And if the name William Moulton Marston means anything to you, you’re probably a comic book reader. He was the person who, 20 years after this story, created Wonder Woman. And now that Lasso of Truth is starting to make a bit more sense, isn’t it? He said his wife and his other wife were the inspirations. They were a thruple. And now that Lasso of Truth is starting to take on all kinds of other connotations. The two women also worked in his scientific areas of interest, but he tended to get more of the, retrospectively, for their work. And now those feminist themes Wonder Woman imparts really bring it on home.

Wonder Woman’s invisible plane, I’ve just read, is an allegory. And when you put that and all of the permutations of the plane together, well, that seems alright for a comic book tale.

I honestly didn’t crack open the old newspaper website thinking I would wrap this up suddenly interested in critical-cultural examinations of Wonder Woman, but I also didn’t expect to learn about Edgewood Lake, or that Raymond Rochell, a once-prominent soft drink bottler figured into that environmental project. (He’s in that issue of the paper three or four different times for different reasons.)

And if you don’t think I spent a disproportionate amount of time trying to tie Wonder Woman to either Rochell or Edgewood, you’re sorely mistaken. I mean, sure, she might have liked Orange Crush or 7-Up or even Grapico back in the day, but she’s clearly a Dr. Pepper fan, now.

Apr 21

The week of the last shows

This is that weird time of year. Sad and happy. Sad to see some young friends go; happy to have a regular schedule over the summer. Sad to know I won’t see them in the fall; happy to see them take their next great steps. Time marches us on.

This is the the second group of people who I’ve had for four years. Last year’s senior cohort was a bit small, and, of course, truncated by global events. This senior class, though, there’s a bunch of people that have spent all four years of their college experience working on this. What a commitment that is, to spend four years of your college life working in one place! And this is the week when we kick them all out of the nest. Time plays this cruel trick and, clearly, I should stop doing this.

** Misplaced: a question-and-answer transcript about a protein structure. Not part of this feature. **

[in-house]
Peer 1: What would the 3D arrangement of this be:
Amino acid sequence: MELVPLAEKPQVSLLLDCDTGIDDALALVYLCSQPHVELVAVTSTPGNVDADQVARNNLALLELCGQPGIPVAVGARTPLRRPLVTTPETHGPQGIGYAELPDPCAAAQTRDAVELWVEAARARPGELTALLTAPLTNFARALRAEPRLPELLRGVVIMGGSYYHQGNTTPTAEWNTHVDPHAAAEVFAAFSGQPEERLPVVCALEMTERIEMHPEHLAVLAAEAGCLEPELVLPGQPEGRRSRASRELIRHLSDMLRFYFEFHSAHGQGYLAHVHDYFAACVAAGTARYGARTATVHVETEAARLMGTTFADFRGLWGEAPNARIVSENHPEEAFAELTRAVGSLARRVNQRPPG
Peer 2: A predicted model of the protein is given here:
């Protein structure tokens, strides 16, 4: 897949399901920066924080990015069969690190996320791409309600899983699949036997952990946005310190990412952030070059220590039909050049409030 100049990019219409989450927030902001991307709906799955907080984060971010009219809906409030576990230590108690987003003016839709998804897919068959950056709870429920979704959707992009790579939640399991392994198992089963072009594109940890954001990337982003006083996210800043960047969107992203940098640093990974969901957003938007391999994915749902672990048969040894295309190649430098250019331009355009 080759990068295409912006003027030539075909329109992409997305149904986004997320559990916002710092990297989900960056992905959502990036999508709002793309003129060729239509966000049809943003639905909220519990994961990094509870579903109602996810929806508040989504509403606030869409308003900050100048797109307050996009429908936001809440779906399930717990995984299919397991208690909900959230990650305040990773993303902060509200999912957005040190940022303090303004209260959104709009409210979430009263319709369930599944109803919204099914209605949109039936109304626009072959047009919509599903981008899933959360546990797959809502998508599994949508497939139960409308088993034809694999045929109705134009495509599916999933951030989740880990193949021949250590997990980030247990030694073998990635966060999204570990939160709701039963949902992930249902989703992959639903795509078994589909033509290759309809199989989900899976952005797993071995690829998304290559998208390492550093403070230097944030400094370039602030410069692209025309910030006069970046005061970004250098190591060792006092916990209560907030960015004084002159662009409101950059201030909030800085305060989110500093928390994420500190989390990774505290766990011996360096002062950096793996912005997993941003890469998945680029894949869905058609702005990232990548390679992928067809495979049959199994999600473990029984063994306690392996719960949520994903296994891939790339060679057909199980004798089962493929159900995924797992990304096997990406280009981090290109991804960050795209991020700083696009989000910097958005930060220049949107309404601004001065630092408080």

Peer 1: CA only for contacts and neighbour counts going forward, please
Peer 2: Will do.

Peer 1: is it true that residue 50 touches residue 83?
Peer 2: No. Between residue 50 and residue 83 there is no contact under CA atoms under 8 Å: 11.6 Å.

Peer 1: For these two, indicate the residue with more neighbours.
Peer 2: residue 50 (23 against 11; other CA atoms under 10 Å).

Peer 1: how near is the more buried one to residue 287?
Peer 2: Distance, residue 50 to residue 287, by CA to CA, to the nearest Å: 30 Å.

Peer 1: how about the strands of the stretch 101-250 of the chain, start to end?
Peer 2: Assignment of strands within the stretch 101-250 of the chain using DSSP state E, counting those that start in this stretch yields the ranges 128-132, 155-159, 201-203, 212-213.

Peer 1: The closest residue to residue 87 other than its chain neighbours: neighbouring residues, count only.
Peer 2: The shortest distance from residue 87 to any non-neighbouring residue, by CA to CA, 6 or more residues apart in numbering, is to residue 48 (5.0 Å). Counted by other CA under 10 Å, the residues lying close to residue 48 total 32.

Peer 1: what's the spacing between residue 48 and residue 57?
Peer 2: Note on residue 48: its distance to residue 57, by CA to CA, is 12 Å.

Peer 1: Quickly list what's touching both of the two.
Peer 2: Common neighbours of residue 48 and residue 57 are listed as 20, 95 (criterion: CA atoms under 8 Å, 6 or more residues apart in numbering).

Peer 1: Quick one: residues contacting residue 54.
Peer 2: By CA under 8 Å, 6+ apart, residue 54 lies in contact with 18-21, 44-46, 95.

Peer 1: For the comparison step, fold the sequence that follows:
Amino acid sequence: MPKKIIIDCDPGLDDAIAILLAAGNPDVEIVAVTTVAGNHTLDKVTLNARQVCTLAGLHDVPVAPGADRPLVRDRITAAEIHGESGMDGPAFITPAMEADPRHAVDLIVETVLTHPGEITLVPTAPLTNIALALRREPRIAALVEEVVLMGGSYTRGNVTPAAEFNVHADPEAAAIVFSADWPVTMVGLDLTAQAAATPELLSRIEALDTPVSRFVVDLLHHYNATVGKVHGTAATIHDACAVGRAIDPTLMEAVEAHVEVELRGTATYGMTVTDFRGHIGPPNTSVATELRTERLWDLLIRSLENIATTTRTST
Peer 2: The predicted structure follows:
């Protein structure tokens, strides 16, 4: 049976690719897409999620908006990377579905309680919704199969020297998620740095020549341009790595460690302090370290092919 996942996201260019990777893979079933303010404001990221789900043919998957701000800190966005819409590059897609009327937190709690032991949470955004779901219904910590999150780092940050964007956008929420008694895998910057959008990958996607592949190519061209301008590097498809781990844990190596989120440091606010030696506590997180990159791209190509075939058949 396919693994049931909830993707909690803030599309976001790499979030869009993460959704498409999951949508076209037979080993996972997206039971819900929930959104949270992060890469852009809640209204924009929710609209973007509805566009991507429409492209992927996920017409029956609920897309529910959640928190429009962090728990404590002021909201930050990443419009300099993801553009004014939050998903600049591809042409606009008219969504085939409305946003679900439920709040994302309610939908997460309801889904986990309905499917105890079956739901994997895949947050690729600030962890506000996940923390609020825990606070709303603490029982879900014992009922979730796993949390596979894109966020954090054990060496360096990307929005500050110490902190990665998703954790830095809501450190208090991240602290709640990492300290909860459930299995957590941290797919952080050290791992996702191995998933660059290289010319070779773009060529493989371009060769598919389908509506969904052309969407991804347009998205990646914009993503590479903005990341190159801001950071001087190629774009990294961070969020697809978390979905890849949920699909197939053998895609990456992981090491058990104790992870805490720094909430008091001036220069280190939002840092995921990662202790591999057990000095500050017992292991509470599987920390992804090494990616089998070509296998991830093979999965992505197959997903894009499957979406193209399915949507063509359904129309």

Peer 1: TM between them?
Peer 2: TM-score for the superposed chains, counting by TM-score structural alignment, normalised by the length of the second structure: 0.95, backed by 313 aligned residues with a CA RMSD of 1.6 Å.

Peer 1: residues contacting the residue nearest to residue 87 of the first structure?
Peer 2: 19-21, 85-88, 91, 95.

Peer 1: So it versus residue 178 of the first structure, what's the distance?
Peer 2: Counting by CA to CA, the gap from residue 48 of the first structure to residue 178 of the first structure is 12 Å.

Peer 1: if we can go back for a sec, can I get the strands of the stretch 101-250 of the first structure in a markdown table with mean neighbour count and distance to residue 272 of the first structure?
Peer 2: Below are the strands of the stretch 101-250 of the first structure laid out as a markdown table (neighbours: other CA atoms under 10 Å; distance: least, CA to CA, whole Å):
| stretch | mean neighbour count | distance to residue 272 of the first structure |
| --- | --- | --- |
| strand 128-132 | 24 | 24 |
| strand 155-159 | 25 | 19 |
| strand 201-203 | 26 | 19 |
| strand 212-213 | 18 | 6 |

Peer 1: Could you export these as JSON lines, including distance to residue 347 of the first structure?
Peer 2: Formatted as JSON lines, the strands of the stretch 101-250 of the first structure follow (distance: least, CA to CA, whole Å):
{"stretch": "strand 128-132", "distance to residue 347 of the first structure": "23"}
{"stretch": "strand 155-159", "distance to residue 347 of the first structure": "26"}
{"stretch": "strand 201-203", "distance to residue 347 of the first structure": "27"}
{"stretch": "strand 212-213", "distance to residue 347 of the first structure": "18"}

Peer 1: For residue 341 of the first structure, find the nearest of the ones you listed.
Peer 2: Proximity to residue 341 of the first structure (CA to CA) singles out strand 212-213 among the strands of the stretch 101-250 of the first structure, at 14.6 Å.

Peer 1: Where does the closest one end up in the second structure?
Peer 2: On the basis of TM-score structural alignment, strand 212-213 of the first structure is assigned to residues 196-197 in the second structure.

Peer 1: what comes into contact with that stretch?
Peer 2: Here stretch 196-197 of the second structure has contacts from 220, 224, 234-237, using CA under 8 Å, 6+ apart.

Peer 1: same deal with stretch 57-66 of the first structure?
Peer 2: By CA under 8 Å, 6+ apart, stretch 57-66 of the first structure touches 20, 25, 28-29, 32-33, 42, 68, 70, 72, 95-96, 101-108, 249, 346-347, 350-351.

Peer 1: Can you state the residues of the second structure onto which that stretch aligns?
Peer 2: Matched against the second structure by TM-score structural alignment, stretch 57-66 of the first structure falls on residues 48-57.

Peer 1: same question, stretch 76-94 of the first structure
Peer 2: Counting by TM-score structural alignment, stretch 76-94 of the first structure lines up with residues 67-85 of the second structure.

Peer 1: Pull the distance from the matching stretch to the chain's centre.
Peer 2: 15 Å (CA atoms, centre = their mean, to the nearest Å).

There’s a lot deal of talent right there, and those three are off to great, exciting things. They’ll continue to make us proud. Tomorrow we start talking about how we follow them next year. We continue on, as time demands.

Tomorrow there are more projects aplenty. Time is relentless.

Apr 21

New site look

There’s a new front page on the website. It looks similar to this, and if you click this image you can see it for yourself. So click this image. We’ll be here when you get back.

Here are some television programs I didn’t share in this space this week. Let’s get caught up.

The award-winning late show:

The award-winning morning show:

The award-winning pop culture show:

The award-winning news show:

The award-winning sports highlight show:

And a sports talk show that will be winning awards very soon:

Happy weekend! Make it an award-winning weekend, why don’t you?

Apr 21

Let’s go back in time

I had a fine meeting with a lovely gentleman yesterday. And that meeting has somehow carried over into this afternoon. But at least the company is nice. And there a few emails and my computer froze in a way that took some doing to remedy and, finally and importantly, I had to write a letter of recommendation for a star student. And if nothing else today was good I hope that letter was.

And then I went into the television studio and watch the sports folks put together two nice little shows and then sat back and watched the seniors run things and wondered, not for the first time, why we let them graduate just as they are really coming into their own.

There are always leaders, of course. And there are always people willing to take useful information from them and they all have agency and they work together, but if you get to see people grow in those important years, you really see some visions come together. It is, I think, the confluence of knowing what they want to do next and understanding how to do it. It’s the transition from commodity to normal good, the maturation from student to professional.

And that’s when we send them out into the world. Why can’t we keep them two or three more years? The things we could accomplish if they all enrolled in grad school.

Let’s look back to this same date, 106 years ago. Clear your calendar, you’ll be here for a few minutes.

I was going to pick a different year, but this story was a big part of why I went with 1915. This child had ambition, argumentation and no problem giving dad the slip.

I enjoy the earnestness of the story, and the eloquence of the child.

“I have been wading in the dusty road and have had a dood time,” he said. And his shoes looked it.

Dood time is probably a typesetting error rather than a phrase of the day, and I’m sorry I’ve ruined that for you. Anyway, H.R. Barrow only shows up a few times in the paper beyond the performance of his professional duties. He gets bought out in 1917. A month or two earlier he rolled his horse-drawn hearse after a service. Maybe that’s why he left the business. The new guys, local boys done good, advertised motorized ambulances. And in the fall of 1915, just when Mr. Barrow’s friends were tiring of hearing about Jack’s wandering adventures, the roof of their house caught on fire.

What’s with that kid?

No word on whatever became of Jack as he experienced the roaring twenties as a teen and so on. We’re thinking he had a dood time, though. We must always think this of young, adventurous, Jack. Young, adventurous — and have we ruled out pyromaniac? — Jack.